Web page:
Saudi Arabia targets 41GW of solar installations by 2032

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Representatives from the King Abdullah City for Atomic and Renewable Energy (KA-CARE), the government body directing alternative energy development, have announced the country’s ambitious long-term goals for solar power. The oil-rich kingdom aims to have installed 41GW of concentrated solar power (CSP) and solar PV projects by 2032, 25GW and 16GW respectively.

Plans to construct geothermal, biomass, wind and nuclear plants were also announced on at the Saudi Solar Energy Forum in Riyadh on May 8, 2012. The proposed framework would cost tens of billions of dollars and see Saudi Arabia producing almost 25% of its electricity from solar power installations. Solar PV projects will supply the country’s daytime electricity demand, while high-capacity CSP plants will provide the majority of solar power, while including thermal storage facilities.

If the plans come to fruition, Saudi Arabia will become one of the world’s largest solar power producers. The plans are currently under assessment from the KA-CARE board, though approval is expected to be granted for the scheme in the coming weeks.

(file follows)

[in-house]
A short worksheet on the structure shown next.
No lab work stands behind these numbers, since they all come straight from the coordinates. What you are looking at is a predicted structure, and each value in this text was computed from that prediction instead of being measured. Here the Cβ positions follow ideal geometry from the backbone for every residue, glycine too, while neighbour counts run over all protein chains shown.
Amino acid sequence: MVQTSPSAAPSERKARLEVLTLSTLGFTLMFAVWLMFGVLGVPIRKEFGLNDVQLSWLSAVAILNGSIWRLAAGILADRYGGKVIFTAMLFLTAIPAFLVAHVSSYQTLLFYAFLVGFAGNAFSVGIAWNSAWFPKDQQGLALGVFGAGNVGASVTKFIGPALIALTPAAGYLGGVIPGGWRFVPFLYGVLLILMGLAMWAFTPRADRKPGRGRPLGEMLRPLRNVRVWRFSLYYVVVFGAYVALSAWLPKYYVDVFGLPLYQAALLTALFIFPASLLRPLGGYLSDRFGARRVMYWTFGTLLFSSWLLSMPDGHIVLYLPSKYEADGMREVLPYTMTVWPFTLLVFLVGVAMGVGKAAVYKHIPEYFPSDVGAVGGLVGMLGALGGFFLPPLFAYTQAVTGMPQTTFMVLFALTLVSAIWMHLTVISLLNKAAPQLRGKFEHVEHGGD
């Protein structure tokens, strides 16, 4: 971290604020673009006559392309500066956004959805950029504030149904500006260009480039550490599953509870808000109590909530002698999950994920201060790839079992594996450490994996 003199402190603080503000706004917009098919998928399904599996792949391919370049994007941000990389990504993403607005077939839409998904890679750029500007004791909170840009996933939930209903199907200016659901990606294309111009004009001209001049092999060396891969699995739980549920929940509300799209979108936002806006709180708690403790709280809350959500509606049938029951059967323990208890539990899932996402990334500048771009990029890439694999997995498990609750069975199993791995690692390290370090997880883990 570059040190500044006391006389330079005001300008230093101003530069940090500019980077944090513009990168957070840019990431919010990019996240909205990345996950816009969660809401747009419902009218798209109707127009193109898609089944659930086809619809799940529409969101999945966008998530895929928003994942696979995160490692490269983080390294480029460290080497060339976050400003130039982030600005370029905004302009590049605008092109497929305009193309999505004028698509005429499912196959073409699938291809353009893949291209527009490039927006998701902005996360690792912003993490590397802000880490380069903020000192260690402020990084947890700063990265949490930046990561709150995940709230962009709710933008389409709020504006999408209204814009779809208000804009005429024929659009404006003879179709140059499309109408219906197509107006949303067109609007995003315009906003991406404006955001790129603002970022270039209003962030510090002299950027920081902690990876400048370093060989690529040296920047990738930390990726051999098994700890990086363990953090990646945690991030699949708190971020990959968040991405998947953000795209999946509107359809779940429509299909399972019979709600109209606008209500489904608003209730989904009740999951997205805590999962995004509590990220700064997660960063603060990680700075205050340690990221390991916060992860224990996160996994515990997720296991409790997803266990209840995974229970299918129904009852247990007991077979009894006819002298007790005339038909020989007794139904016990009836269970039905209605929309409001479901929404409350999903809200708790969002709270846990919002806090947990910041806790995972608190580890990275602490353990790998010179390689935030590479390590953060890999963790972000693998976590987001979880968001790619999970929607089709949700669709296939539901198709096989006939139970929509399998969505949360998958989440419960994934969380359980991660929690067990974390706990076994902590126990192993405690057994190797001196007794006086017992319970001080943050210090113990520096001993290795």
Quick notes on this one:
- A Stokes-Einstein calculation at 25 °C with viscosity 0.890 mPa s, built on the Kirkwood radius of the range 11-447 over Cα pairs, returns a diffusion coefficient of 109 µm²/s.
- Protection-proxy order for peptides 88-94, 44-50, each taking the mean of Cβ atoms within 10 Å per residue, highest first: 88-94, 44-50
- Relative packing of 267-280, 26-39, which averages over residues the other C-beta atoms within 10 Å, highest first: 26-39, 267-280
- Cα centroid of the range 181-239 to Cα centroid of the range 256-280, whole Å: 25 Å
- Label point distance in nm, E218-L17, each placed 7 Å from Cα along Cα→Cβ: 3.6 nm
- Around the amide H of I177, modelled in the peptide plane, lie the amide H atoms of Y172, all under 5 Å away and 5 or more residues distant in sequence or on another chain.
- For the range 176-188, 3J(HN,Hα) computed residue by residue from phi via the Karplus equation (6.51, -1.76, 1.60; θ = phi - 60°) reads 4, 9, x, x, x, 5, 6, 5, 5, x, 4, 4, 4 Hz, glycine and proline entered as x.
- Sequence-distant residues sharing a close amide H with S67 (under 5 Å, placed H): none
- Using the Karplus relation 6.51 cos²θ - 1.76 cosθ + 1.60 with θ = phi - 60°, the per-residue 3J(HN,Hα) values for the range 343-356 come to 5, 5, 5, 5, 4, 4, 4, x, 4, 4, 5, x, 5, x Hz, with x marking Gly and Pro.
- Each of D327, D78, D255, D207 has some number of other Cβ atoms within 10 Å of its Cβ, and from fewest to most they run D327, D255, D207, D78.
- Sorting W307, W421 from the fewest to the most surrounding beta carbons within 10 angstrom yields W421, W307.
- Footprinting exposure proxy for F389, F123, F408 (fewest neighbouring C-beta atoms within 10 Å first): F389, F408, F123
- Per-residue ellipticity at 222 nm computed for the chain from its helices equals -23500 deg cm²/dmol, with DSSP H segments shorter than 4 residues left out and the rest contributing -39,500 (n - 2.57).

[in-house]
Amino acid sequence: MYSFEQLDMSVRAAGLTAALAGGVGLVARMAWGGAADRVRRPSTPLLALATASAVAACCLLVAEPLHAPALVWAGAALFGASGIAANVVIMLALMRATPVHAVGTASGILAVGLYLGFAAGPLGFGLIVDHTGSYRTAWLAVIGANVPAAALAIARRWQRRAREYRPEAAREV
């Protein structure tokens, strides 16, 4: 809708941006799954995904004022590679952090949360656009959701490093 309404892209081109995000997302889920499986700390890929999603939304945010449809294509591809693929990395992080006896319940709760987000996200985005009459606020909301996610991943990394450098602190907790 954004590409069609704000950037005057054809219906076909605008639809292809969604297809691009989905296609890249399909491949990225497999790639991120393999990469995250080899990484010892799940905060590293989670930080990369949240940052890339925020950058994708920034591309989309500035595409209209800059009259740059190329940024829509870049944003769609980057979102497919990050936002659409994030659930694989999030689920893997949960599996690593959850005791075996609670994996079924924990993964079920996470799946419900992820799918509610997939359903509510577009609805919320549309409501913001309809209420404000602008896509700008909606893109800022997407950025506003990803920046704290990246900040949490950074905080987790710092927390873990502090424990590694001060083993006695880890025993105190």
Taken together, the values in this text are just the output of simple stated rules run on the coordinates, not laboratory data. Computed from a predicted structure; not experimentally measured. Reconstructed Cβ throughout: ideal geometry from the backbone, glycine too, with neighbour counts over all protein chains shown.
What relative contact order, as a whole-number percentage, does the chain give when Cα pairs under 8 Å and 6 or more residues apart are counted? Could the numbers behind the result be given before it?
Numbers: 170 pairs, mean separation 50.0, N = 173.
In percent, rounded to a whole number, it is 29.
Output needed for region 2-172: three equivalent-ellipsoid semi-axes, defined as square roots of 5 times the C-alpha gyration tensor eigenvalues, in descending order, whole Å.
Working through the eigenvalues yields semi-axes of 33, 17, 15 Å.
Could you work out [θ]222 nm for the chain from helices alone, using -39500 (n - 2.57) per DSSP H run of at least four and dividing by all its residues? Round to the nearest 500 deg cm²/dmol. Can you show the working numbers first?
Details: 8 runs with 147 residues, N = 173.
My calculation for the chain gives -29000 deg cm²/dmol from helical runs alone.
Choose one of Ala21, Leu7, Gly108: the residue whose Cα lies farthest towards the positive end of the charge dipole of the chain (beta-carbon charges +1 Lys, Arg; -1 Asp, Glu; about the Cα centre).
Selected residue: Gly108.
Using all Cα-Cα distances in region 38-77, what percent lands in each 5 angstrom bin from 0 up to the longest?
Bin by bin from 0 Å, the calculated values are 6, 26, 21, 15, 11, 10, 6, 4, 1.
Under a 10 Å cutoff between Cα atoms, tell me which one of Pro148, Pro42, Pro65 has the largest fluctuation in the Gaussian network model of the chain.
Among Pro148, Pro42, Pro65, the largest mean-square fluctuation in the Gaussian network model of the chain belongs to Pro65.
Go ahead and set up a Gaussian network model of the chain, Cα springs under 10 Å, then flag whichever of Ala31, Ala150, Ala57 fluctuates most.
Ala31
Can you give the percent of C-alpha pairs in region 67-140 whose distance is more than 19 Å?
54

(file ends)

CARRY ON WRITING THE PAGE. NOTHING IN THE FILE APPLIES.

KA-CARE also announced that it would be conducting two bidding rounds for the sale of around 5GW worth of solar plants. The first round of bidding will be in the first quarter of 2013, where 1.1GW worth of PV project and 0.9GW of CSP will be up for sale. The second round of bidding will take place in the third/fourth quarter of 2014, when KA-CARE will be offering 1.3GW worth of PV project and 1.2GW of CSP. The minimum project size for sale is expected to be 5MW.

Project offers will be assessed on qualitative measures such as experience in the development of solar projects as well as suggested price per kWh of produced electricity.

Through the implementation of the program KA-CARE aims to diversify Saudi Arabia’s energy mix to create jobs, generate green power and reduce the wasteful use of hydrocarbons.

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